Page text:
I read a research report this week that said the market for anti-aging products is on a tear. The report said the market was worth $122.3 billion in 2013, and is expected to increase at a compound annual growth rate of 7.8 percent to $191.7 billion in 2019.
The main customers are baby boomers, with 8,000 of them turning 65 daily, and the main products and services include anti-wrinkle formulas, dermal fillers and Botox, hair color, dark-spot treatments, liposuction, tummy tucks, breast reduction, chemical peels, eyelid surgery, hair restoration treatment and anti-cellulite treatments.
Seems like only yesterday that we boomers were trying to pawn off fake IDs proving we were older than we were. How times change. Now, we're on the verge of retirement and eager to look as young as we can.
The National Institutes of Health, or NIH, says aging is natural and warns against claims of miracle cures, including emails offering "overnight magic. ... Sadly, older people are often the target of such scams," it says.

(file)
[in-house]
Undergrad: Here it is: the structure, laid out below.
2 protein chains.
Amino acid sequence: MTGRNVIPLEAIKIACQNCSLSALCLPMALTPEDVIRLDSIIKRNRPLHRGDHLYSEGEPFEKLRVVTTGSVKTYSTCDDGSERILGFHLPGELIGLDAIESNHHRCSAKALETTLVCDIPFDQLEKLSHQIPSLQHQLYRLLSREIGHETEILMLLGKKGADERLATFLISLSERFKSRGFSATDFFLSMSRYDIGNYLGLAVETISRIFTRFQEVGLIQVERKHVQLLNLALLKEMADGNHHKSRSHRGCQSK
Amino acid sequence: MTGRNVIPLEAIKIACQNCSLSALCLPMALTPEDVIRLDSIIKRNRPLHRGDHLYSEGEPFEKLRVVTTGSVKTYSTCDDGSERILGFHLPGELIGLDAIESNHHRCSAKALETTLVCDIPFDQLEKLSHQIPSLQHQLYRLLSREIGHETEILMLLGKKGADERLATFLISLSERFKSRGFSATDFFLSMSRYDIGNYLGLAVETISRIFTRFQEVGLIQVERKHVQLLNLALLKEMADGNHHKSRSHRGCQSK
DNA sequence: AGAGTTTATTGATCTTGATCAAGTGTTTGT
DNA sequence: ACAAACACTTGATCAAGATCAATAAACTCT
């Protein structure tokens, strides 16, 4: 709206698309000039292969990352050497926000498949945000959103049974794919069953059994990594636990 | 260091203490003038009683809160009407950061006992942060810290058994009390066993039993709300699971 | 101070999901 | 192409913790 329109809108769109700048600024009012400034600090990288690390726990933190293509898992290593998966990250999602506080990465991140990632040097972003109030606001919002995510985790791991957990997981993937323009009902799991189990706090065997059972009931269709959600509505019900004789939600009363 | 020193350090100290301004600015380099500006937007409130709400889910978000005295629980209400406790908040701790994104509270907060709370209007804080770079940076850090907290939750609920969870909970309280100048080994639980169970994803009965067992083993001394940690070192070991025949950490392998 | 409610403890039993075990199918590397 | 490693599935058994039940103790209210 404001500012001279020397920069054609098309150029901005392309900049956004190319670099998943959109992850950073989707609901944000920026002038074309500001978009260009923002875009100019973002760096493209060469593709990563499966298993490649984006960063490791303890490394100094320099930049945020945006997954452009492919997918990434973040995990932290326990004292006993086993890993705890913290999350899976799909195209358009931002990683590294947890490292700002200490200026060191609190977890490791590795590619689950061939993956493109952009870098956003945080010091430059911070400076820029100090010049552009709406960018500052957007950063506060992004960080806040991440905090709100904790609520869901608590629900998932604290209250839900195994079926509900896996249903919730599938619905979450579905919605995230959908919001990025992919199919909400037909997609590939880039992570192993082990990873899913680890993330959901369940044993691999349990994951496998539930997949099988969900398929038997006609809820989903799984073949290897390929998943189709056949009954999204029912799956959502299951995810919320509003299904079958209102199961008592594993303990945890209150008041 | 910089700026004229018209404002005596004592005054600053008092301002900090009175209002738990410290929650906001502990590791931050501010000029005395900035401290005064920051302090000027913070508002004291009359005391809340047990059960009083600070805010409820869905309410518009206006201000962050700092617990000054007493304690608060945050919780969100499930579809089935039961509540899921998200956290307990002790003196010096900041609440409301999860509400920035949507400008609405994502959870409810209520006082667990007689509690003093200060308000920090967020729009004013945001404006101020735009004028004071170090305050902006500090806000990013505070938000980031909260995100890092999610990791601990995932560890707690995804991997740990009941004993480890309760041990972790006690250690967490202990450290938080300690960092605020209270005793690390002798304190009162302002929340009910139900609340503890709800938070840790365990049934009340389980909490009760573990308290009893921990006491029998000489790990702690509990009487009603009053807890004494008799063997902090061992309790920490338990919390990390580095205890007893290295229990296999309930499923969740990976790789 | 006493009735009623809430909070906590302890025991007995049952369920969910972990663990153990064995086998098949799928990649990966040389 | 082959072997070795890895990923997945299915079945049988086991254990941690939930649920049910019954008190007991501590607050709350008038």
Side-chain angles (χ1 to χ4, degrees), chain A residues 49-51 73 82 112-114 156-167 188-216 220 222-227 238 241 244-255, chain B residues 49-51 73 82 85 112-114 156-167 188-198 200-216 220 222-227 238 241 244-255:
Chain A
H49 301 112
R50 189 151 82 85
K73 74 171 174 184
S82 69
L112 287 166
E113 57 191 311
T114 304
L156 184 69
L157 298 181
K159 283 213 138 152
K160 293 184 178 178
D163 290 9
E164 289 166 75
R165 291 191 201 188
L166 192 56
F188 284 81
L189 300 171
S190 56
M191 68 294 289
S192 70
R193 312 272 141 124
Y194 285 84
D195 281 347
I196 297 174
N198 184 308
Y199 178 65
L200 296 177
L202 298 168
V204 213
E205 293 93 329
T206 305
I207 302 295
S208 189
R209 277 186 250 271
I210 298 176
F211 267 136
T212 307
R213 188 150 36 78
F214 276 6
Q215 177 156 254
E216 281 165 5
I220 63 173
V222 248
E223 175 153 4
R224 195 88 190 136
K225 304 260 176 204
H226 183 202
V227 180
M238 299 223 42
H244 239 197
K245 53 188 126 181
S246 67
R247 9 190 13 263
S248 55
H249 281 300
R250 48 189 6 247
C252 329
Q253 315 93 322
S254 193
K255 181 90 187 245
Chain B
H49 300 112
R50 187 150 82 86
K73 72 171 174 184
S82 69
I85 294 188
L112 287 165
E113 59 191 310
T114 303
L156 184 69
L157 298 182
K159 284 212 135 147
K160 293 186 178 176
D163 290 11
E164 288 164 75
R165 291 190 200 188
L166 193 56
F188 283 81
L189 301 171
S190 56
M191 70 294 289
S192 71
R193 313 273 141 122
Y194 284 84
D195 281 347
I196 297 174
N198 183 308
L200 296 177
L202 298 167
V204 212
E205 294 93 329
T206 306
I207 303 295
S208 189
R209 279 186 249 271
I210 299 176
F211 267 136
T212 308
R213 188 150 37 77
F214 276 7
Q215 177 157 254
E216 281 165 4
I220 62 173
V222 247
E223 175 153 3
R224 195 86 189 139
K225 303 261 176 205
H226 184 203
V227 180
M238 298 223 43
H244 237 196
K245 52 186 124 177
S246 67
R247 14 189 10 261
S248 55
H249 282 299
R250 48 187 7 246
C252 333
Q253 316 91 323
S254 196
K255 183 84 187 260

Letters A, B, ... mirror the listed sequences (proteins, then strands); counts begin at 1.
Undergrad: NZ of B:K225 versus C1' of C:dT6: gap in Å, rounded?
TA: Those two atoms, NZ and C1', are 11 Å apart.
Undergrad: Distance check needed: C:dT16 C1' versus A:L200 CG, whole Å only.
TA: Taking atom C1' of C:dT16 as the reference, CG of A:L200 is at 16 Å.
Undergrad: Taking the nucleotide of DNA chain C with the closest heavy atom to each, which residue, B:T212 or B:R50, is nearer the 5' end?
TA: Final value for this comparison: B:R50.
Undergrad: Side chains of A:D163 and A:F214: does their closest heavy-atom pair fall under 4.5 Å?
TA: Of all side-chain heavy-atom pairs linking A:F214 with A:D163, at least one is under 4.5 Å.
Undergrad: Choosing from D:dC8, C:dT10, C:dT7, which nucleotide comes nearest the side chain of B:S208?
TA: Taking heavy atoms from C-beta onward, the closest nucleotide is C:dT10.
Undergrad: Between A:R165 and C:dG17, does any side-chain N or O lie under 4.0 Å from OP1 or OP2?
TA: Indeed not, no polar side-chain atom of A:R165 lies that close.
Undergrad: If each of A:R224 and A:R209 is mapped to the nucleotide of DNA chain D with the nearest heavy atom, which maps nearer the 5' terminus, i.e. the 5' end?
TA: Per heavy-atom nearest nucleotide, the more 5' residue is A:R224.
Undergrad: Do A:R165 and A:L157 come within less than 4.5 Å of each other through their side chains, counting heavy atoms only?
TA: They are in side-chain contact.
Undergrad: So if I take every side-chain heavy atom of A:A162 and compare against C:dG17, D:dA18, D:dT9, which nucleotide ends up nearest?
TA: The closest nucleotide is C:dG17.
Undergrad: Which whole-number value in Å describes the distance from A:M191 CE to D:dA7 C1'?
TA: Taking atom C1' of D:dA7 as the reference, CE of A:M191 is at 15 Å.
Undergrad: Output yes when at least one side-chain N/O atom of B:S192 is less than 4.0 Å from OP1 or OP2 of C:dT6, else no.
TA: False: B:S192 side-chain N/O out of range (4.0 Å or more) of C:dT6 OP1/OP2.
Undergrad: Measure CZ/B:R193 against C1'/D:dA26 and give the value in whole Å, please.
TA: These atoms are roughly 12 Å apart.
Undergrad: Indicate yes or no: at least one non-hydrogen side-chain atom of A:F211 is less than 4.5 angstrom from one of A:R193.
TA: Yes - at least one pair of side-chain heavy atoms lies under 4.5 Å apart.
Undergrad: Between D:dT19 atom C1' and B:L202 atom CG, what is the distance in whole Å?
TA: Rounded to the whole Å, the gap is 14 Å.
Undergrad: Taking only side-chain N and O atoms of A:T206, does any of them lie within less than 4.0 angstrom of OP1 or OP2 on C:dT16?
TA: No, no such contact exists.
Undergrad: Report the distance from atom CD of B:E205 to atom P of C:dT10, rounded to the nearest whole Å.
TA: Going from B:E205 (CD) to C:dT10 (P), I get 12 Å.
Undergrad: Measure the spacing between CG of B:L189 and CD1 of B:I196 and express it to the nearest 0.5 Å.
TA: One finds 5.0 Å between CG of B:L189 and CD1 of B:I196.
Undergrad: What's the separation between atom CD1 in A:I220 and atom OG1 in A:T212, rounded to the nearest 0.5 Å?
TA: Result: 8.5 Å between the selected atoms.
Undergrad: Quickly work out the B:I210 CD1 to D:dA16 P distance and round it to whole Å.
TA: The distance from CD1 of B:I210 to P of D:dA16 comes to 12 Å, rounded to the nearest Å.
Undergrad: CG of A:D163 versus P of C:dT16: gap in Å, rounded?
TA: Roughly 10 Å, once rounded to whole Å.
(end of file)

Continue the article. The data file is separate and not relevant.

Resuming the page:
Of course, not that every anti-aging product is fraudulent, but before you spend a lot of your hard-earned retirement planning dollars, the NIH advises caution and says look for these red flags in ads or other promotional material.
- Promises of quick and painless cures.
- Claims that the product is made with a "special," "secret" or "ancient" formula.
- Products and services delivered by mail from only one untrackable source.
- Products whose marketing relies heavily on testimonials from "satisfied" customers.
- Anything that claims to cure a wide variety of ailments.
- Products that claim to cure a disease that medical science hasn't, such as arthritis or Alzheimer's.
If you have doubts about the safety or usefulness of a product, don't buy it without checking it out. Ask your pharmacist or doctor for advice.